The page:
Women still earn 41% less than men over a lifetime

A new ONS report shows that women are narrowing the earnings gap slightly and that higher degrees benefit them, but that they still earn 41% less than men over their lifetime.

Gender Pay gap

Employers have aspirations to address their gender pay gap [GPG] in future

Women’s average lifetime earnings has grown more since 2004 than those of men, but remain 41% lower than those of men in 2018, according to a Office for National Statistics report.

The report says that, despite men’s average lifetime earnings falling by 0.1% in 2018 and women’s average lifetime earnings increasing 0.2% compared with 2017, the average lifetime earnings of men in 2018 were £643,000 while those of women were £380,000. Taking into account the effect of weekly hours worked by men and women, the ONS says women’s human capital is 22.7% lower than men’s.

Despite this, women’s average lifetime earnings have grown at a faster rate since 2004. The average rate of increase has been 0.7% annually, while for men it has grown by an average of 0.3% a year during this period.

The report found that having higher degrees had a positive impact on earnings and that for those aged between 26 and 55 years, the premium associated with having a higher degree is greater for women than for men. For example, among those aged 36 to 45 years, it says that women with a Master’s or PhD degree will earn, on average, £108,000 more over the rest of their working life than those with an undergraduate degree, compared with a premium of £92,000 for men. This suggests, says the ONS, that, in terms of future earnings, it is more beneficial for women to obtain higher degrees than for men.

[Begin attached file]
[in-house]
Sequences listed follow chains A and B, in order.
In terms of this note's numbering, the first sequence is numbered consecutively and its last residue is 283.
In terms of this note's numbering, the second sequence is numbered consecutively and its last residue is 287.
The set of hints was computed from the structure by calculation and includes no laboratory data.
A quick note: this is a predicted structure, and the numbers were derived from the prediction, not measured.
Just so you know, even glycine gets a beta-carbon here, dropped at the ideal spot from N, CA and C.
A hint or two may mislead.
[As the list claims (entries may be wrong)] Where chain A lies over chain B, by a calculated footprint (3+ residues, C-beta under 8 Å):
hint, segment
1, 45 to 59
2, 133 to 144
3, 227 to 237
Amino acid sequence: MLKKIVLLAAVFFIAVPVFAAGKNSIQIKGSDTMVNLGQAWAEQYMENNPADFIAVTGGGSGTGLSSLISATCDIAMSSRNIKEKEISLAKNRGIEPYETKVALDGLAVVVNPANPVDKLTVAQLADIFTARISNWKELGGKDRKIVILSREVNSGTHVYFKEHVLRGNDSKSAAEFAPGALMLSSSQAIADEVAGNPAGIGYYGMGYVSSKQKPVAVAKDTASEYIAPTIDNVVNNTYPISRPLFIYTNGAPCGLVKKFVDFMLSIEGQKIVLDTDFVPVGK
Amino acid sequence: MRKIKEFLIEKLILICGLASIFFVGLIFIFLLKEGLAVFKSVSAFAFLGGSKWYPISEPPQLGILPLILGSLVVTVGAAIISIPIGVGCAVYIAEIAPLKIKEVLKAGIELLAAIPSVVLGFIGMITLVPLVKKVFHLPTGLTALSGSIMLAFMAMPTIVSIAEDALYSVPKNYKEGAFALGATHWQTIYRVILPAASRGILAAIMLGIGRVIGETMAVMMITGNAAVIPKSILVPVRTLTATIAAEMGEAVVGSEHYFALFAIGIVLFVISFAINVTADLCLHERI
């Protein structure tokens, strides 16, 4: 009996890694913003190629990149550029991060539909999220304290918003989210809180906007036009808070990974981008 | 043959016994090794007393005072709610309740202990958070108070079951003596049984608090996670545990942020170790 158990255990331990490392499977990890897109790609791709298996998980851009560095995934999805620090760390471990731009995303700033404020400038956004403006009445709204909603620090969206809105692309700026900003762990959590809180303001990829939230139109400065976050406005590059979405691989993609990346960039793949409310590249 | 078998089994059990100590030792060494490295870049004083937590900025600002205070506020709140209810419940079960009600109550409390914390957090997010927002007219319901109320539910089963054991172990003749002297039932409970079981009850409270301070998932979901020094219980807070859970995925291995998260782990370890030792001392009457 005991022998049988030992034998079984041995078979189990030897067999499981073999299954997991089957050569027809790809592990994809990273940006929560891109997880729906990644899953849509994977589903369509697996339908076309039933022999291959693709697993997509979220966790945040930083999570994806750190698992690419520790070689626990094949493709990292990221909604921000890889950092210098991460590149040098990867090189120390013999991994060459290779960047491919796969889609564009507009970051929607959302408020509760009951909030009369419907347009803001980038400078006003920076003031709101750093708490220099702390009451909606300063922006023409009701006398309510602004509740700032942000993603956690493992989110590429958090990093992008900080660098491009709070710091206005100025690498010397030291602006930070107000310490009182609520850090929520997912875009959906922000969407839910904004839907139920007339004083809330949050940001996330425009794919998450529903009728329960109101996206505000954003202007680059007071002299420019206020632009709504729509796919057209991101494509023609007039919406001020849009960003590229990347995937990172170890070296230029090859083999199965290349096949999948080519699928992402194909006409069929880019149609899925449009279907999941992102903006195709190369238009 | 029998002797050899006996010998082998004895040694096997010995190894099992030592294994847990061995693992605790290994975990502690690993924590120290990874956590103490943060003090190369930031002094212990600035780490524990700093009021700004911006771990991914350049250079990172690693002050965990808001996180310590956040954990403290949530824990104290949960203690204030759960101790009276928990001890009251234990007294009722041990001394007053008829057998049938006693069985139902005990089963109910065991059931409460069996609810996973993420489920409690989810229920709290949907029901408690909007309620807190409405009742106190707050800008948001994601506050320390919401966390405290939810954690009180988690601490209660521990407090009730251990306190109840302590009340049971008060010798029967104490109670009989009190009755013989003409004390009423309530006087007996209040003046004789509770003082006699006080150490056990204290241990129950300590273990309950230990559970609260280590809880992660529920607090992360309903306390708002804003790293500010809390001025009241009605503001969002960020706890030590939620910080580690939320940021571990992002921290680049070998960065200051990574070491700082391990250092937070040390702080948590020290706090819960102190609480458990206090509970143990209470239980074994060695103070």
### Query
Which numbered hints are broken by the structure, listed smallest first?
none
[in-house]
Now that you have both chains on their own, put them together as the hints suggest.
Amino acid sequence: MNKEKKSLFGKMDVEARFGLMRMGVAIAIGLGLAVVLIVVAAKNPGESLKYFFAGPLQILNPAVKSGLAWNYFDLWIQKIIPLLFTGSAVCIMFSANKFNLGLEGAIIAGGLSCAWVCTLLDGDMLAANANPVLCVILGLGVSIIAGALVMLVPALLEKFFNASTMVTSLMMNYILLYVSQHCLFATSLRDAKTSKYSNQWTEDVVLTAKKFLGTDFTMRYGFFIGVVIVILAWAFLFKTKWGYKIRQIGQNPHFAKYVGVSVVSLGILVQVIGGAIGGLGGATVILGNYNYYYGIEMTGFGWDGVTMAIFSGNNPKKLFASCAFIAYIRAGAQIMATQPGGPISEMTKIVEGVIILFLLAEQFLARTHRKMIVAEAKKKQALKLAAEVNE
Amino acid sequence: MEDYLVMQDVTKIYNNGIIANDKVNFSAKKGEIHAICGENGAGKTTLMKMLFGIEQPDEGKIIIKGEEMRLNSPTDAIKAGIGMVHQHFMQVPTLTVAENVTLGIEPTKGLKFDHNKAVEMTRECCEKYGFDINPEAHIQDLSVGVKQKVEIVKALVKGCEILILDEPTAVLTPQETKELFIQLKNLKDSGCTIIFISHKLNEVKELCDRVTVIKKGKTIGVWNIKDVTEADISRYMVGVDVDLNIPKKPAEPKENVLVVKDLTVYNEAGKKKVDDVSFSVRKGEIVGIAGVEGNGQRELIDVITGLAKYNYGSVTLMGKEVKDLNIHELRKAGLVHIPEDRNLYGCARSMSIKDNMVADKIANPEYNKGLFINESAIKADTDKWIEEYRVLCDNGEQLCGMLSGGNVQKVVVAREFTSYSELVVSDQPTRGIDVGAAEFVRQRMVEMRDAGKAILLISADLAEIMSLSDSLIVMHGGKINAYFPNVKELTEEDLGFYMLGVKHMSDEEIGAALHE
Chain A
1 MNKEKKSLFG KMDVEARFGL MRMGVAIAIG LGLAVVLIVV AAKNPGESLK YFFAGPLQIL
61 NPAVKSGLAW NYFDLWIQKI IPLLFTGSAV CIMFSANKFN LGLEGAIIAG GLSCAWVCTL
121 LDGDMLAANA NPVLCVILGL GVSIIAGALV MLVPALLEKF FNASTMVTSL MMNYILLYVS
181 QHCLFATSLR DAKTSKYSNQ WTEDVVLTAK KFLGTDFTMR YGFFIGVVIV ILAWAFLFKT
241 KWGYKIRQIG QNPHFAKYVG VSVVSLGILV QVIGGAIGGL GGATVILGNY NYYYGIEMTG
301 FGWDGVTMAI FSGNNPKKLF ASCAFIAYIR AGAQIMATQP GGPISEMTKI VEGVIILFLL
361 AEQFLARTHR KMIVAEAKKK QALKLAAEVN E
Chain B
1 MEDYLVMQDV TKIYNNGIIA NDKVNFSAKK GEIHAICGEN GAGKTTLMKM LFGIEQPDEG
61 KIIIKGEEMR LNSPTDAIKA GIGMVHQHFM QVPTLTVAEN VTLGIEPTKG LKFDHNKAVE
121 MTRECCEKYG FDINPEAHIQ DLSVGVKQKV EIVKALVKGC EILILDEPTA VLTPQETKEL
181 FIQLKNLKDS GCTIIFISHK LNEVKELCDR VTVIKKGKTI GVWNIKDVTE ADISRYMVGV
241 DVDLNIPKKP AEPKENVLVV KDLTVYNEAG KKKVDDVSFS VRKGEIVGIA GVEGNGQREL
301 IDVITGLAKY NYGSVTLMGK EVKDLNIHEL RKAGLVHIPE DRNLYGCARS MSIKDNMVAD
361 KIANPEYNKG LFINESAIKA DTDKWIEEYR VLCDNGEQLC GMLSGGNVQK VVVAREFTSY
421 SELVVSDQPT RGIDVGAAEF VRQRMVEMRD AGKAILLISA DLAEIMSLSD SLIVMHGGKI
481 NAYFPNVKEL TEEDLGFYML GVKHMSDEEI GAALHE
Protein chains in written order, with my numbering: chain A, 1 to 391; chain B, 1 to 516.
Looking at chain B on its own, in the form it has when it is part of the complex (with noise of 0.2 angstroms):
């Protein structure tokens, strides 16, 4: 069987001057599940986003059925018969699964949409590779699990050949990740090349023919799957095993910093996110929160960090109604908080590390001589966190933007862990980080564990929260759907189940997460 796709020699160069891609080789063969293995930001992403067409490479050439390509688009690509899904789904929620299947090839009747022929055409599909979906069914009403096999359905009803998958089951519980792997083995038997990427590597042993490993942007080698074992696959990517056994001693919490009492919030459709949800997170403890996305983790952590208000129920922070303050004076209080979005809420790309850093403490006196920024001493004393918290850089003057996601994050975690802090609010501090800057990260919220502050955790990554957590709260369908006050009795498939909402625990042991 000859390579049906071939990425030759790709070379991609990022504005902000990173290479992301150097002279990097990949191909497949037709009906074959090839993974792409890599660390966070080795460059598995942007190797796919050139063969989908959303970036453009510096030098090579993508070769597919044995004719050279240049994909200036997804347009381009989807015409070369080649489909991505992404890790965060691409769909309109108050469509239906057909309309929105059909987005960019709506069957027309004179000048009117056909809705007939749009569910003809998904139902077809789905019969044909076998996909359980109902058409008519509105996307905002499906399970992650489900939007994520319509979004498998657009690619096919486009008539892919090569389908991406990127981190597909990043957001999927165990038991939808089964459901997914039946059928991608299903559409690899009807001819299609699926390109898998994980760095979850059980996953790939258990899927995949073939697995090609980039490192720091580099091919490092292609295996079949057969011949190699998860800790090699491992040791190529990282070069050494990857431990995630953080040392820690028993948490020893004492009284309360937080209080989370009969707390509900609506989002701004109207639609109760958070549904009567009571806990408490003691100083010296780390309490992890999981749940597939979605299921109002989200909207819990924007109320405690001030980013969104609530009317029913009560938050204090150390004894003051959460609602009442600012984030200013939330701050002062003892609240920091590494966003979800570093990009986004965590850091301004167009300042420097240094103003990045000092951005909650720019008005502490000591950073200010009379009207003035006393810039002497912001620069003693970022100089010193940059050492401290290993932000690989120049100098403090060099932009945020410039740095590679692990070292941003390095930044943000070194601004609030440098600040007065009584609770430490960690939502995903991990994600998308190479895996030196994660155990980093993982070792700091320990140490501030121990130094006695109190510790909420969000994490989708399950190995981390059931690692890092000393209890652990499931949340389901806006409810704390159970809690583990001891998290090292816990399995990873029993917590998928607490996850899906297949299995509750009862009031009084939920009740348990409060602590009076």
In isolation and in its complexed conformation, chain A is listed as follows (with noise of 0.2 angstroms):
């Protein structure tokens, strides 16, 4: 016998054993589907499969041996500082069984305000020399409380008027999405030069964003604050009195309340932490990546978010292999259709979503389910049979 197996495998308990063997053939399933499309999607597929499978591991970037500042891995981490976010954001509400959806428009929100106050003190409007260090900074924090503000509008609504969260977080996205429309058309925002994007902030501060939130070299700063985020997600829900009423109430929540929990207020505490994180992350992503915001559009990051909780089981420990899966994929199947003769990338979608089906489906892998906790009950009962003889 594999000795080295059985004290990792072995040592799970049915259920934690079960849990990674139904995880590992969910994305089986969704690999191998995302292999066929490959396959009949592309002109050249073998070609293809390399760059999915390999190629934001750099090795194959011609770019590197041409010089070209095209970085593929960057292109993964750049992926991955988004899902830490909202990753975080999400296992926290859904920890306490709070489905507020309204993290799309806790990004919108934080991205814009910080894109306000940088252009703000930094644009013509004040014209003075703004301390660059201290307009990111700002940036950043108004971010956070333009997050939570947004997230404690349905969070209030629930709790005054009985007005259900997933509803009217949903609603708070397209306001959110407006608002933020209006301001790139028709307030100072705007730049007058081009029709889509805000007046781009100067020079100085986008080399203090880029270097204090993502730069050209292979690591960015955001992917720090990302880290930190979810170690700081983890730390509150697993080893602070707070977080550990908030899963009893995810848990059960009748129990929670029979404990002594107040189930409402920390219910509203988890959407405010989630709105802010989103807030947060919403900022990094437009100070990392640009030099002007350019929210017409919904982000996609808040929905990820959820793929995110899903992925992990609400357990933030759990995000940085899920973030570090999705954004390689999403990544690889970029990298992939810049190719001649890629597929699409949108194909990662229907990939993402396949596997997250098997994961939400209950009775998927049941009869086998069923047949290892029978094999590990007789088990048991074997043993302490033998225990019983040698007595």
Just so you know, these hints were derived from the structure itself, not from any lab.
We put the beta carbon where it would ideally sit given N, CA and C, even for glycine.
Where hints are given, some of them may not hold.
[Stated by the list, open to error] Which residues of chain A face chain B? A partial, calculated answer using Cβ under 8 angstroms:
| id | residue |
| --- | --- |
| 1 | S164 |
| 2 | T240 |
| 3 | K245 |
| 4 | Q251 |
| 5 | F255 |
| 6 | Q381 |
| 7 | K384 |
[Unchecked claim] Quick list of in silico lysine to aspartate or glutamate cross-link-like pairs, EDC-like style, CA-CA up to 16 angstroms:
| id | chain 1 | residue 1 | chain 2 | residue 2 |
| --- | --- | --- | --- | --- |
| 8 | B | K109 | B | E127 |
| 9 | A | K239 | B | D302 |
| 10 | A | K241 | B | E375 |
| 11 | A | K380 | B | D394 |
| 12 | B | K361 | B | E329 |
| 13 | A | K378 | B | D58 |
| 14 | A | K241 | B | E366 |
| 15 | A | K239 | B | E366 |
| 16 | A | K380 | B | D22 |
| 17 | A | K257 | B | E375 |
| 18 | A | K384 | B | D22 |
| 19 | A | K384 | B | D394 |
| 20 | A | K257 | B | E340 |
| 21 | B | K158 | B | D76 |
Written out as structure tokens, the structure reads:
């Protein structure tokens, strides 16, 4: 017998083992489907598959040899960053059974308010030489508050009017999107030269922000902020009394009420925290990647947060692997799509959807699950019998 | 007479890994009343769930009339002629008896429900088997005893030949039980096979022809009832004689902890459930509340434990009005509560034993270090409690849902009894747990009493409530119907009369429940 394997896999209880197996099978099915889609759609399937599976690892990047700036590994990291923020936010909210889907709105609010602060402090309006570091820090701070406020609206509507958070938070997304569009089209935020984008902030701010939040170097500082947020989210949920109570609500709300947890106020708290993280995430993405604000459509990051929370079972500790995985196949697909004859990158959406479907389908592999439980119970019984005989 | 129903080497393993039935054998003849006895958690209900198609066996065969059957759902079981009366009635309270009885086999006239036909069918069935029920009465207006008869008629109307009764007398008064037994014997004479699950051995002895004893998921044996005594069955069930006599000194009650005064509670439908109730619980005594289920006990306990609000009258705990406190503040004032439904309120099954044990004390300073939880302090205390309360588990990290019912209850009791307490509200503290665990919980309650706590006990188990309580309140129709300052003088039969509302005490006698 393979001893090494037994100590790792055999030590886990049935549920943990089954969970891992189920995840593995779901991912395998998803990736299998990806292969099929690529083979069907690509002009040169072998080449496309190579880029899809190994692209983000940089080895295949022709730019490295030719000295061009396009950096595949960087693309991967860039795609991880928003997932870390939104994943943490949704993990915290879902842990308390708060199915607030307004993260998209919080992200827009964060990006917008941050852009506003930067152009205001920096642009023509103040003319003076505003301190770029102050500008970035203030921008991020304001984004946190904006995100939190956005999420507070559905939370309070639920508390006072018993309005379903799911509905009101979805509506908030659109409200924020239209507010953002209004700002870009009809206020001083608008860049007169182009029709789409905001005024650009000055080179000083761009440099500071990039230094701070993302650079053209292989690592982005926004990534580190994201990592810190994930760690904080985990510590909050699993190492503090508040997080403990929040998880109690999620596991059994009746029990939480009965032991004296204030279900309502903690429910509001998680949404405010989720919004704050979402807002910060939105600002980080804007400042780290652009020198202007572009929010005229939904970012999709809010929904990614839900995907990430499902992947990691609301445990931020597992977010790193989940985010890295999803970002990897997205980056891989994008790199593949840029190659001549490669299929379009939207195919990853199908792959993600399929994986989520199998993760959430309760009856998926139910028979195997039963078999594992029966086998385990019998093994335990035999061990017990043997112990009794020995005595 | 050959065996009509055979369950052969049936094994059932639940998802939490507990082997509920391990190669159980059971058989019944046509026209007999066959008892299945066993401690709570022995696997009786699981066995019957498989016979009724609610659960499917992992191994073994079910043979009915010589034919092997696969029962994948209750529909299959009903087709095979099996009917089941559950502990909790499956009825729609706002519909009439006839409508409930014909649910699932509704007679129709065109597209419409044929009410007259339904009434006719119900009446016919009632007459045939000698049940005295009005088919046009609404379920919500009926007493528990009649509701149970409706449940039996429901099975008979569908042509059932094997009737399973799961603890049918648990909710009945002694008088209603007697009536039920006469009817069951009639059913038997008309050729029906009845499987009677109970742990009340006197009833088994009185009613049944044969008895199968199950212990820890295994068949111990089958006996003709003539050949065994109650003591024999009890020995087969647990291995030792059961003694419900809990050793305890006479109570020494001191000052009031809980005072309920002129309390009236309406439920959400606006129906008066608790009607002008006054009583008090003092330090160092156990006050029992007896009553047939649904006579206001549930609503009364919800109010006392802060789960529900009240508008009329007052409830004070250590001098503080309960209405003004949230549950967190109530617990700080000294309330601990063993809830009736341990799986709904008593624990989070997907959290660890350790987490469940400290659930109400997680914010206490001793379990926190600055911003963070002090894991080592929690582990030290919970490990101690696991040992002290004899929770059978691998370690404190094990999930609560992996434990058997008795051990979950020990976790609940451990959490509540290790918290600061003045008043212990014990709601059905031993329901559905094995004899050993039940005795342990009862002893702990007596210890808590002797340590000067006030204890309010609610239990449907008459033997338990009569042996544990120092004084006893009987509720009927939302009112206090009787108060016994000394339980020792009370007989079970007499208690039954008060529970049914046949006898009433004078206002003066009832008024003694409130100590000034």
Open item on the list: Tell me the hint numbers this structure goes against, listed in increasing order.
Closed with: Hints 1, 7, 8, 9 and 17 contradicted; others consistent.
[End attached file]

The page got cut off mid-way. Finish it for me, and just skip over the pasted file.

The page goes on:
However, women with a Master’s or PhD degree have around 33% lower lifetime earnings than men, on average, with the same level of qualifications, depending on their age. Across every age group, the average future lifetime earnings of women with Master’s or PhD degrees is substantially lower than that for men with undergraduate degrees. For example, women aged 26 to 35 years with higher degrees have average lifetime earnings of £803,000, whereas men of the same age with undergraduate level qualifications have average lifetime earnings of around £1,160,000.

Meanwhile, the Financial Conduct Authority (FCA) says the number of women in senior roles has barely changed in 15 years. It says that just 17% of senior roles are filled by women, almost the same as in 2005, although there has been more improvement at some of the biggest banks. And research by wealth manager AJ Bell suggests that high childcare costs and limited benefits are proving a disincentive for parents to return to work after having children. The study found that parents with two toddlers in nursery are spending more than £32,500 a year on childcare.

 

 

 



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